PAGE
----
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Mineral wool

Mineral wool, also known as mineral cotton, silicate cotton, stone wool, slag wool, rockwool, and rock wool, is an inorganic substance used for insulation and filtering.

Mineral wool is a furnace product of molten rock, at a temperature of about 1600C, through which is blown a stream of air or steam. The final product is a mass of fine intertwined fibres with a typical diameter of 6 to 10 micrometres. Mineral wool may contain a binder and an oil to reduce dusting. It is a poor conductor of heat and sound, is fire-proof and insect-proof, and therefore is ideal as a building insulation. Other uses are in resin bonded panels and as a filtering medium.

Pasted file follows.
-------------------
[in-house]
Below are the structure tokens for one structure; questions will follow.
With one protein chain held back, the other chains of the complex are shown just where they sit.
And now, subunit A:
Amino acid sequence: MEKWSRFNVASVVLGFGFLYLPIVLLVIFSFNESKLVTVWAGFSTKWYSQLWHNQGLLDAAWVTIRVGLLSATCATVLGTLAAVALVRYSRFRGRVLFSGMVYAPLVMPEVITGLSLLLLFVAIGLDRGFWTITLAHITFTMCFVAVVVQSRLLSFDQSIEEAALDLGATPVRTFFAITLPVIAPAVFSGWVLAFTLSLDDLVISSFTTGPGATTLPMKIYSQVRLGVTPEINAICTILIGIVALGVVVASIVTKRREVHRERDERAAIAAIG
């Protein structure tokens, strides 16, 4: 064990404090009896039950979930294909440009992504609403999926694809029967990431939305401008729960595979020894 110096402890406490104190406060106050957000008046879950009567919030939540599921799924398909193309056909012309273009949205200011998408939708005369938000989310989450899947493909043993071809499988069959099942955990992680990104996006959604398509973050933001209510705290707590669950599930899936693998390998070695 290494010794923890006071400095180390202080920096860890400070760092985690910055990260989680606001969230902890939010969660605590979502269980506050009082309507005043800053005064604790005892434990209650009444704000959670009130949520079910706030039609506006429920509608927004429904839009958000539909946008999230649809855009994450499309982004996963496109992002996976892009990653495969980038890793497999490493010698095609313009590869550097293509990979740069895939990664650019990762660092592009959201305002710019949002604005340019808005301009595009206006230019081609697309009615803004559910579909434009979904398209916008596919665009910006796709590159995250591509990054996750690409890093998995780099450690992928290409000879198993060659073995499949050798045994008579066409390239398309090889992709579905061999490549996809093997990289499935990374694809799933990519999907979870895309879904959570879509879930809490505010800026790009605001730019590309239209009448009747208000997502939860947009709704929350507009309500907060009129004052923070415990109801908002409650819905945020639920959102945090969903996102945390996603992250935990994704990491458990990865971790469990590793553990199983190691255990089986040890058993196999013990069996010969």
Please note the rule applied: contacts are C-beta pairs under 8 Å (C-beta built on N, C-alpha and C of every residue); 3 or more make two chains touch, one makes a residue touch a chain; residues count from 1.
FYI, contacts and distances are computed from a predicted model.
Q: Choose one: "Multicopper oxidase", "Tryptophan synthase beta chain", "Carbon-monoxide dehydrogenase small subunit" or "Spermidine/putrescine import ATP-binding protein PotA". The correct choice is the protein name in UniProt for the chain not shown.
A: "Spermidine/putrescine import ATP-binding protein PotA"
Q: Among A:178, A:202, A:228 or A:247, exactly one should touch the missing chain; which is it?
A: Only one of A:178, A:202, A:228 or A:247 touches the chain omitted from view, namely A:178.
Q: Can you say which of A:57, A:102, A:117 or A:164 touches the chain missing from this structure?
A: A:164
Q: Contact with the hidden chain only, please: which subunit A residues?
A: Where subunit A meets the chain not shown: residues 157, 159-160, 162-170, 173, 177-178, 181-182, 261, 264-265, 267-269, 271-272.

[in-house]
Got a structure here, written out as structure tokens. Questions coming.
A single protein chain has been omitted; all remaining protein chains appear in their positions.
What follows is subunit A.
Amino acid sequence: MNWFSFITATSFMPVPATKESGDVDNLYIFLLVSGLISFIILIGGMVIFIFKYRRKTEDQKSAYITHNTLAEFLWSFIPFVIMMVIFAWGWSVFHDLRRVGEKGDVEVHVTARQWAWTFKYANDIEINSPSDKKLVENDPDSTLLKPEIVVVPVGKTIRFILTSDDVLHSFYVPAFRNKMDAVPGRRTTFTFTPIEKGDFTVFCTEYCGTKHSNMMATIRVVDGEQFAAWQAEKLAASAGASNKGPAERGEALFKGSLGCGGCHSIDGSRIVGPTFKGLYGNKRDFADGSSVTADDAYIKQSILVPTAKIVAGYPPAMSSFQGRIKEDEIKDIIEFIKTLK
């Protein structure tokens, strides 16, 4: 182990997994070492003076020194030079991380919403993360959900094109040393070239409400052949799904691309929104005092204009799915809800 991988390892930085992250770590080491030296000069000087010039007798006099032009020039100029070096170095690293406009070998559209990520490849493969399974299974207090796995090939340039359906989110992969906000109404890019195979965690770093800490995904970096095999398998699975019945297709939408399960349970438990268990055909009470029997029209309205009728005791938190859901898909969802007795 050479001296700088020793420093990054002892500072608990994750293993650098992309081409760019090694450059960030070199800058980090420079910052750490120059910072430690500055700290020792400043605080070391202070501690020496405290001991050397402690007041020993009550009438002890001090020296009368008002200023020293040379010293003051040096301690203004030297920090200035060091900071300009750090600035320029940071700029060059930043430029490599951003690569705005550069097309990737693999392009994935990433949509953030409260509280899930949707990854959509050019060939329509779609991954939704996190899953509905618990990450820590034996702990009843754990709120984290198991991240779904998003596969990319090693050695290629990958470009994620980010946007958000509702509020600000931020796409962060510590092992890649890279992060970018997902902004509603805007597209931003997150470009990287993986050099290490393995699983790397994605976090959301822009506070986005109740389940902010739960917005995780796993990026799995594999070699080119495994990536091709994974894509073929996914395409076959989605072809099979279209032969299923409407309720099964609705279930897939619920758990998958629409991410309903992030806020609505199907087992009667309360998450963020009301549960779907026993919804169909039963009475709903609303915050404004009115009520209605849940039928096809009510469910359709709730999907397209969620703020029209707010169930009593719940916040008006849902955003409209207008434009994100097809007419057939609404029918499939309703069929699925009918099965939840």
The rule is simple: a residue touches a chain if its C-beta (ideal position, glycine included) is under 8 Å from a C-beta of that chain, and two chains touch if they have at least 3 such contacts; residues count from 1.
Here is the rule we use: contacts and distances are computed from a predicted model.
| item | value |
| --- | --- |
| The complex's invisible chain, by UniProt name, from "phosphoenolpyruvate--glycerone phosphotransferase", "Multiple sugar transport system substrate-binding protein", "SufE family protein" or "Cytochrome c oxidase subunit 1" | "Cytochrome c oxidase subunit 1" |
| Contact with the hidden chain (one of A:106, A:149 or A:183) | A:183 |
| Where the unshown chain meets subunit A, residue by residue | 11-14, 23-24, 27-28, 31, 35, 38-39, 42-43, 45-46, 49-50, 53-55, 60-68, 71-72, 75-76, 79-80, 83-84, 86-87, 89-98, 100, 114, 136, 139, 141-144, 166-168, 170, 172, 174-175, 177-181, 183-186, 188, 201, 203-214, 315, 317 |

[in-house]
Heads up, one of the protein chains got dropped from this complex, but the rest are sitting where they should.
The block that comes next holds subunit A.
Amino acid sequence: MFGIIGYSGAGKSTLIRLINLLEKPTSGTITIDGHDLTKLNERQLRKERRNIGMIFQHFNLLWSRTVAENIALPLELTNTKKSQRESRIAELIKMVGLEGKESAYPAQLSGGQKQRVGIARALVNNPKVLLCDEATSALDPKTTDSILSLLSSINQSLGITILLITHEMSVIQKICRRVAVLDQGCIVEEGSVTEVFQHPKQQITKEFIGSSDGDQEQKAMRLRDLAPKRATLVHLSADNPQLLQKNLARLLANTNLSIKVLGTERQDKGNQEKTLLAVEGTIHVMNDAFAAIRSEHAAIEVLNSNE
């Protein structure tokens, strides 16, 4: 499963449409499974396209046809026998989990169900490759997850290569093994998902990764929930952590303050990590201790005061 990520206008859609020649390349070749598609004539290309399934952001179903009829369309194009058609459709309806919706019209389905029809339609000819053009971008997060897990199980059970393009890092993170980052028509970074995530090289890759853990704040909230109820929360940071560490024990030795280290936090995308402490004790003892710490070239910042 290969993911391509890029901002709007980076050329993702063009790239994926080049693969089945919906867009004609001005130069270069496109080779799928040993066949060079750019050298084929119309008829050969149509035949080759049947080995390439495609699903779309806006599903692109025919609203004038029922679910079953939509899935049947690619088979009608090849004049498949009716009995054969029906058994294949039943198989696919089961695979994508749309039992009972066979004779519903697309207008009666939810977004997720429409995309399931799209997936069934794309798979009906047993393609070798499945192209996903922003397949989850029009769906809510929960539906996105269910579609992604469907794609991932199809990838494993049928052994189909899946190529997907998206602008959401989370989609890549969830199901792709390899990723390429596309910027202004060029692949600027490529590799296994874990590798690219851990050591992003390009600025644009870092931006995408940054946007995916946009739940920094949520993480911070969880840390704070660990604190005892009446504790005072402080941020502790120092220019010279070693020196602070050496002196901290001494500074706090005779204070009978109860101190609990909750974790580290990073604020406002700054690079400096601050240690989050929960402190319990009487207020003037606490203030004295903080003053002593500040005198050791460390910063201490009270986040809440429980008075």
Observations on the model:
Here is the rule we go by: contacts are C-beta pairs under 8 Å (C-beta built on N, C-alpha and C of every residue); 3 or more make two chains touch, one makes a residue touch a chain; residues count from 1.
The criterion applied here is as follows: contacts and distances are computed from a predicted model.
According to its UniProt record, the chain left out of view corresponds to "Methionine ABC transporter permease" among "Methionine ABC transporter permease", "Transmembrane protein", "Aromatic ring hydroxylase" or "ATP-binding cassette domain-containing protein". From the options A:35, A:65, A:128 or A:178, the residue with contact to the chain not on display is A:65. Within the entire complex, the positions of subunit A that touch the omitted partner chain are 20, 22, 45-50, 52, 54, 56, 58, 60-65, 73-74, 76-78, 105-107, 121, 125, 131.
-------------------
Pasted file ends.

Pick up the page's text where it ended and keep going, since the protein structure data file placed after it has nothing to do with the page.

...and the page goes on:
Precautions need to be made when handling the fibre product as it can be absorbed into the body by inhalation. It can also irritate the eyes, skin and respiratory tract. Prolonged exposure could lead to long term effects and it is considered a possible carcinogen to humans. This effect may depend upon the fibre diameter and length, chemical composition and persistence within the body.

The EU risk and safety phrases associated with this material are:

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